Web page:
Physiological and molecular endocrine changes in maturing wild sockeye salmon, Oncorhynchus nerka, during ocean and river migration
{feed: pubDate}

Abstract Maturing adult sockeye salmon Oncorhynchus nerka were intercepted while migrating in the ocean and upstream in freshwater over a combined distance of more than 1,300 km to determine physiological and endocrine changes associated with ionoregulation. Sockeye migrating through seawater and freshwater showed consistent declines in gill Na+/K+-ATPase (NKA) activity, plasma osmolality and plasma chloride concentration. In contrast, plasma sodium concentration became elevated in seawater as fish approached the river mouth and was then restored after sockeye entered the river. Accompanying the movement from seawater to freshwater was a significant increase in mRNA for the NKA ?1a subunit in the gill, with little change in the ?1b subunit. Potential endocrine signals stimulating the physiological changes during migration were assessed by measuring plasma cortisol and prolactin (Prl) concentrations and quantifying mRNA extracted from the gill for glucocorticoid receptors 1 and 2 (GR1 and GR2), mineralocorticoid receptor (MR), growth hormone 1 receptor (GH1R), and prolactin receptor (PrlR). Plasma cortisol and prolactin concentrations were high in seawater suggesting a preparatory endocrine signal before freshwater entry. Generally, the mRNA expression for GR1, GR2 and MR declined during migration, most notably after fish entered freshwater. In contrast, PrlR mRNA increased throughout migration, particularly as sockeye approached the spawning grounds. A highly significant association existed between gill PrlR mRNA and gill NKA ?1a mRNA. GH1R mRNA also increased significantly, but only after sockeye had migrated beyond tidal influence in the river and then again just before the fish reached the spawning grounds. These findings suggest that cortisol and prolactin stimulate ionoregulation in the gill as sockeye salmon adapt to freshwater.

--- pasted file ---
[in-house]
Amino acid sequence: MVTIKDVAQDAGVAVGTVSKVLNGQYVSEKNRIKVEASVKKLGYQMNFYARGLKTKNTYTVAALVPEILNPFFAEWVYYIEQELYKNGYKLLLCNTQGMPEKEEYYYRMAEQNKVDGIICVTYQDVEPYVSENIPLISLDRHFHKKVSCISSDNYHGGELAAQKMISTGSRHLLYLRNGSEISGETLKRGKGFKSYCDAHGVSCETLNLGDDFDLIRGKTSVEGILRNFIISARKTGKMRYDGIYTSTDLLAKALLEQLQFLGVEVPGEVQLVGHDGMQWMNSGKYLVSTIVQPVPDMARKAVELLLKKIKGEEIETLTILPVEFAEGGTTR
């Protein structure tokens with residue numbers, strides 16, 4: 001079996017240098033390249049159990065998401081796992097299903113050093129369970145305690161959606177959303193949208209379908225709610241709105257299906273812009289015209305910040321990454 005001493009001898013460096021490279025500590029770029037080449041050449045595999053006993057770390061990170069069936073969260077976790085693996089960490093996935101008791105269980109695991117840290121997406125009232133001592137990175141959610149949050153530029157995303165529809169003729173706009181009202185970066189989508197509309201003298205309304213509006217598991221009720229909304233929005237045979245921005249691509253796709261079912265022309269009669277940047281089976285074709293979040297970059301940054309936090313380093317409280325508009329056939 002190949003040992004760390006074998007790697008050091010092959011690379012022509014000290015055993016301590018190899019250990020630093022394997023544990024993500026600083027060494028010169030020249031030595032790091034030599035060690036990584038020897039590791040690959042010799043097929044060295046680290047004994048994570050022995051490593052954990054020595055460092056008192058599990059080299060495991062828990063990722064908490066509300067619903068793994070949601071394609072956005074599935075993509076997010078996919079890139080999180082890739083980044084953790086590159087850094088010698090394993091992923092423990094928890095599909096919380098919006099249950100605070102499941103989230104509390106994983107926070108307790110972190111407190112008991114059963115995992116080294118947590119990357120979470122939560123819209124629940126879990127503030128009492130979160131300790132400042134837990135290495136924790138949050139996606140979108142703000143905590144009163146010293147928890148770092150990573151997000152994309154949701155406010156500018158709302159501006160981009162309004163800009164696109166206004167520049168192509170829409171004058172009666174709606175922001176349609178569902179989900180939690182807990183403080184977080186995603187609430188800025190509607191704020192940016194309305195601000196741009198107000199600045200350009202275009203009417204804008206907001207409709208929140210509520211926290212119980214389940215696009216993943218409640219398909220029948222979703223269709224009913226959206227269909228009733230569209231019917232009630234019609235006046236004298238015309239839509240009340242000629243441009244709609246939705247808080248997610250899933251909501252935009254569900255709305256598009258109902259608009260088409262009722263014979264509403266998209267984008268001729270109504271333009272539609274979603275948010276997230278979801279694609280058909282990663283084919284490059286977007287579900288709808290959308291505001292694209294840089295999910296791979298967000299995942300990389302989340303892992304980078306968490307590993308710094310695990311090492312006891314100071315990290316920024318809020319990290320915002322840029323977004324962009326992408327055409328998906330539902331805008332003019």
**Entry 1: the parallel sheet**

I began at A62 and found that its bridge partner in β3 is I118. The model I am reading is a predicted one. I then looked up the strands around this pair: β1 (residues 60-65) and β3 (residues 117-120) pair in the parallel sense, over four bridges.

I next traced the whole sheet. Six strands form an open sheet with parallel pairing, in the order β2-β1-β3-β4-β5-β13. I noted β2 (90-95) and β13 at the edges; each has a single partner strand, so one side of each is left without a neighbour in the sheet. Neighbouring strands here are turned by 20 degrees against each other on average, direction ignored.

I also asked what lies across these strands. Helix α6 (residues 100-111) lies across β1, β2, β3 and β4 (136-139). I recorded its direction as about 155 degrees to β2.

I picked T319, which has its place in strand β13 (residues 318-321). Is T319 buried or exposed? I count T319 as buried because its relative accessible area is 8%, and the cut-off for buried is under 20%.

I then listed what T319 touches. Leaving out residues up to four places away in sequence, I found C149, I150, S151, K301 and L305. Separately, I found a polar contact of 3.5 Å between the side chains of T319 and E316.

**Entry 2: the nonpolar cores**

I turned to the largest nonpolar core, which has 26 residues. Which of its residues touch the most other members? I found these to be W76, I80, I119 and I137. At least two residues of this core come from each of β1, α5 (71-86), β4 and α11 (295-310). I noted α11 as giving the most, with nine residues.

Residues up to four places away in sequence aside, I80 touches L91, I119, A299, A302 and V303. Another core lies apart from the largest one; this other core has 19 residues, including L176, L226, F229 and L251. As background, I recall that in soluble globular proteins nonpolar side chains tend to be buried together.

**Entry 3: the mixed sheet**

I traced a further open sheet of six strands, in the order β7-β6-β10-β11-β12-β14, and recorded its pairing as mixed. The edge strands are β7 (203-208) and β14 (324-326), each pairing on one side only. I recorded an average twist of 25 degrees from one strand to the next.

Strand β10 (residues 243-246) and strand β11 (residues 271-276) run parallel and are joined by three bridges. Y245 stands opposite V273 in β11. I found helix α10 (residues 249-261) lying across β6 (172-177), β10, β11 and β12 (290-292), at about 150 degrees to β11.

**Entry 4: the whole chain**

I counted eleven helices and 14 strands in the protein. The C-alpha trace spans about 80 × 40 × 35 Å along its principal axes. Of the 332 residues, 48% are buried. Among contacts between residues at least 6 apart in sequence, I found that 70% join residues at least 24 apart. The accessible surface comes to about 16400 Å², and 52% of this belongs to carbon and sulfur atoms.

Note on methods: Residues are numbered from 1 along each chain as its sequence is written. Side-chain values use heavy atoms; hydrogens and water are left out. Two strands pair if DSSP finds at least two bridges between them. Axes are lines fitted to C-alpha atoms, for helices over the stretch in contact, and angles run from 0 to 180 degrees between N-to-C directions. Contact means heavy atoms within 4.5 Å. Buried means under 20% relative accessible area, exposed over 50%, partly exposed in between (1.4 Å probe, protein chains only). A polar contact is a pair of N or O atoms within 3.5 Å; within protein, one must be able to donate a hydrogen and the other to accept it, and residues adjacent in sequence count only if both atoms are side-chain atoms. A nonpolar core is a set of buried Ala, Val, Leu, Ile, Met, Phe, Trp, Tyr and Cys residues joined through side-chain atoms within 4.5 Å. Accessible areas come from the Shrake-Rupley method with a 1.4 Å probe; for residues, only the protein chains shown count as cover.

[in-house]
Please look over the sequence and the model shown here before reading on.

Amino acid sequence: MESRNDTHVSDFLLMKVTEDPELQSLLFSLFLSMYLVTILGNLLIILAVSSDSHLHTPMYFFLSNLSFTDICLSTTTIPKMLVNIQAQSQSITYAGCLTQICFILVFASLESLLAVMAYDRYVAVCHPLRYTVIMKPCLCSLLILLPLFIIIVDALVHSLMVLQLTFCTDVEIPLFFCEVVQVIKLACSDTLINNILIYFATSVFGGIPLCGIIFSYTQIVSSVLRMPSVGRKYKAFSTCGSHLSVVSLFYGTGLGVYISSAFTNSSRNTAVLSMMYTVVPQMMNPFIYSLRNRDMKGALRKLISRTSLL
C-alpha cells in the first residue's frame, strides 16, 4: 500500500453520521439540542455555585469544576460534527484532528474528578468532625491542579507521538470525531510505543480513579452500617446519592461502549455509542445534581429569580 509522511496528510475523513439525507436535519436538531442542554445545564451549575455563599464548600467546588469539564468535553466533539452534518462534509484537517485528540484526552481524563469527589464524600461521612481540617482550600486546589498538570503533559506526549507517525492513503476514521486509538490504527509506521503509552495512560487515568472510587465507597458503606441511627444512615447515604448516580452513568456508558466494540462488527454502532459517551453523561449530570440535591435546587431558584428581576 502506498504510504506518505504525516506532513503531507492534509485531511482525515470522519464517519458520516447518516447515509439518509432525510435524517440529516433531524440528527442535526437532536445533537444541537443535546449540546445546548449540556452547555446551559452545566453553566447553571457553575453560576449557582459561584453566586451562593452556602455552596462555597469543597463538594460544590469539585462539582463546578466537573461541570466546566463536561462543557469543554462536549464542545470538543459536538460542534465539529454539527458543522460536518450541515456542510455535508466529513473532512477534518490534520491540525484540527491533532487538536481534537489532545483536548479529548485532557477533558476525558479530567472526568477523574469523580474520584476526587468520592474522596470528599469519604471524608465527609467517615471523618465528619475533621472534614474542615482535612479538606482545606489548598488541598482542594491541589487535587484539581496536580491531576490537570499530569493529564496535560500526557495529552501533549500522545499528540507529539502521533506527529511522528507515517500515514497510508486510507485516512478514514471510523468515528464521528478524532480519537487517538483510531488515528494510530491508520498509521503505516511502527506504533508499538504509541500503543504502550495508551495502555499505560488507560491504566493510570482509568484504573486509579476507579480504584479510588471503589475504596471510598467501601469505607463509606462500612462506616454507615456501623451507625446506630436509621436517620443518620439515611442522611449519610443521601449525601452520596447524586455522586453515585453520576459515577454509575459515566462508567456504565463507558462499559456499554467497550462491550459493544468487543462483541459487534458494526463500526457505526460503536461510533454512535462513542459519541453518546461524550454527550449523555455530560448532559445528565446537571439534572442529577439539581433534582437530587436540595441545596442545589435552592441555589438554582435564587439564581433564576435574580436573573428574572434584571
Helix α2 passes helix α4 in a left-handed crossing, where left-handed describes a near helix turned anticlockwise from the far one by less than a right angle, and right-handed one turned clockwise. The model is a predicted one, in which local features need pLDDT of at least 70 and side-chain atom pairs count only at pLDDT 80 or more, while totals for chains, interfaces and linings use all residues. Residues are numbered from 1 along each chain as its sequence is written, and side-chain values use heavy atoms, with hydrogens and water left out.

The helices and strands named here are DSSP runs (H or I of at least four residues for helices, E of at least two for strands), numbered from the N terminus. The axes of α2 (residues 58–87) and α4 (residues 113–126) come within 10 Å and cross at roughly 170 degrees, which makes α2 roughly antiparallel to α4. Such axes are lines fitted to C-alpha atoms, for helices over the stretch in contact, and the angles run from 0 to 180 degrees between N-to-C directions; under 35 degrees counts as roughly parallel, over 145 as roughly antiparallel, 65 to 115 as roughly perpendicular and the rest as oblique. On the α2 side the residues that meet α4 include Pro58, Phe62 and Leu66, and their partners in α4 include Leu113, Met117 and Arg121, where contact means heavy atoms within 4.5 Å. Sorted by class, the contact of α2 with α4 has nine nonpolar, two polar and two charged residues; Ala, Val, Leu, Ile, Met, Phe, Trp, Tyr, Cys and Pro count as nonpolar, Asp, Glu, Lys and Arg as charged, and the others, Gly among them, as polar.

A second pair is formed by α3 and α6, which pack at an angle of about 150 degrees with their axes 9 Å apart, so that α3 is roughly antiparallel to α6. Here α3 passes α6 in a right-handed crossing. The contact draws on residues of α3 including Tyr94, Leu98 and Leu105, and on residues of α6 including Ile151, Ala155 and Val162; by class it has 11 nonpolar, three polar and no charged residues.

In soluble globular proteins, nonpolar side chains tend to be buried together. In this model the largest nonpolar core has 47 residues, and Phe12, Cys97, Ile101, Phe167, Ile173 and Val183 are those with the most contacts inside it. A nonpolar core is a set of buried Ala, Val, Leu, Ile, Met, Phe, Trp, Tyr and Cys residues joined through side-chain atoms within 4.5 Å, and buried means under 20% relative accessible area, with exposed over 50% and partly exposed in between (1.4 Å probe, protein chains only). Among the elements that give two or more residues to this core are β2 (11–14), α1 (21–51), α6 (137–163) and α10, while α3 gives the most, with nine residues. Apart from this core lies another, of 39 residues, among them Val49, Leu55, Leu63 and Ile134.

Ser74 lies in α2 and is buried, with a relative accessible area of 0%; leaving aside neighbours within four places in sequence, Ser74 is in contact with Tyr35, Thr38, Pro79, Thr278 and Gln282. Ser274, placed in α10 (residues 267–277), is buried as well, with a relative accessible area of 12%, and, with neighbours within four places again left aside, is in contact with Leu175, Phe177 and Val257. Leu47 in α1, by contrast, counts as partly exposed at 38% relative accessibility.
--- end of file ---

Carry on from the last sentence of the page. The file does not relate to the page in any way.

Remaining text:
• Content Type Journal Article
  • Pages 1-14
  • DOI 10.1007/s00360-011-0600-4
  • Authors
    • A.-M. Flores, Ecosystem Science and Management (Biology) Program, University of Northern British Columbia, Prince George, BC V2N 4Z9, Canada
    • J. M. Shrimpton, Ecosystem Science and Management (Biology) Program, University of Northern British Columbia, Prince George, BC V2N 4Z9, Canada
    • D. A. Patterson, Fisheries and Oceans Canada, Cooperative Resource Management Institute, Simon Fraser University, Burnaby, BC V5A 1S6, Canada
    • J. A. Hills, Fisheries and Oceans Canada, Cooperative Resource Management Institute, Simon Fraser University, Burnaby, BC V5A 1S6, Canada
    • S. J. Cooke, Fish Ecology and Conservation Physiology Laboratory, Department of Biology and Institute of Environmental Science, Carleton University, Ottawa, ON K1S 5B6, Canada
    • T. Yada, National Research Institute of Fisheries Science, Fisheries Research Agency, Nikko, Tochigi 321-1661, Japan
    • S. Moriyama, School of Fisheries Sciences, Kitasato University, Sanriku, Iwate 022-0101, Japan
    • S. G. Hinch, Centre for Applied Conservation Research, Department of Forest Sciences, University of British Columbia, Vancouver, BC V6T 1Z4, Canada
    • A. P. Farrell, Department of Zoology and Faculty of Agricultural Sciences, University of British Columbia, Vancouver, BC V6T 1Z4, Canada





More...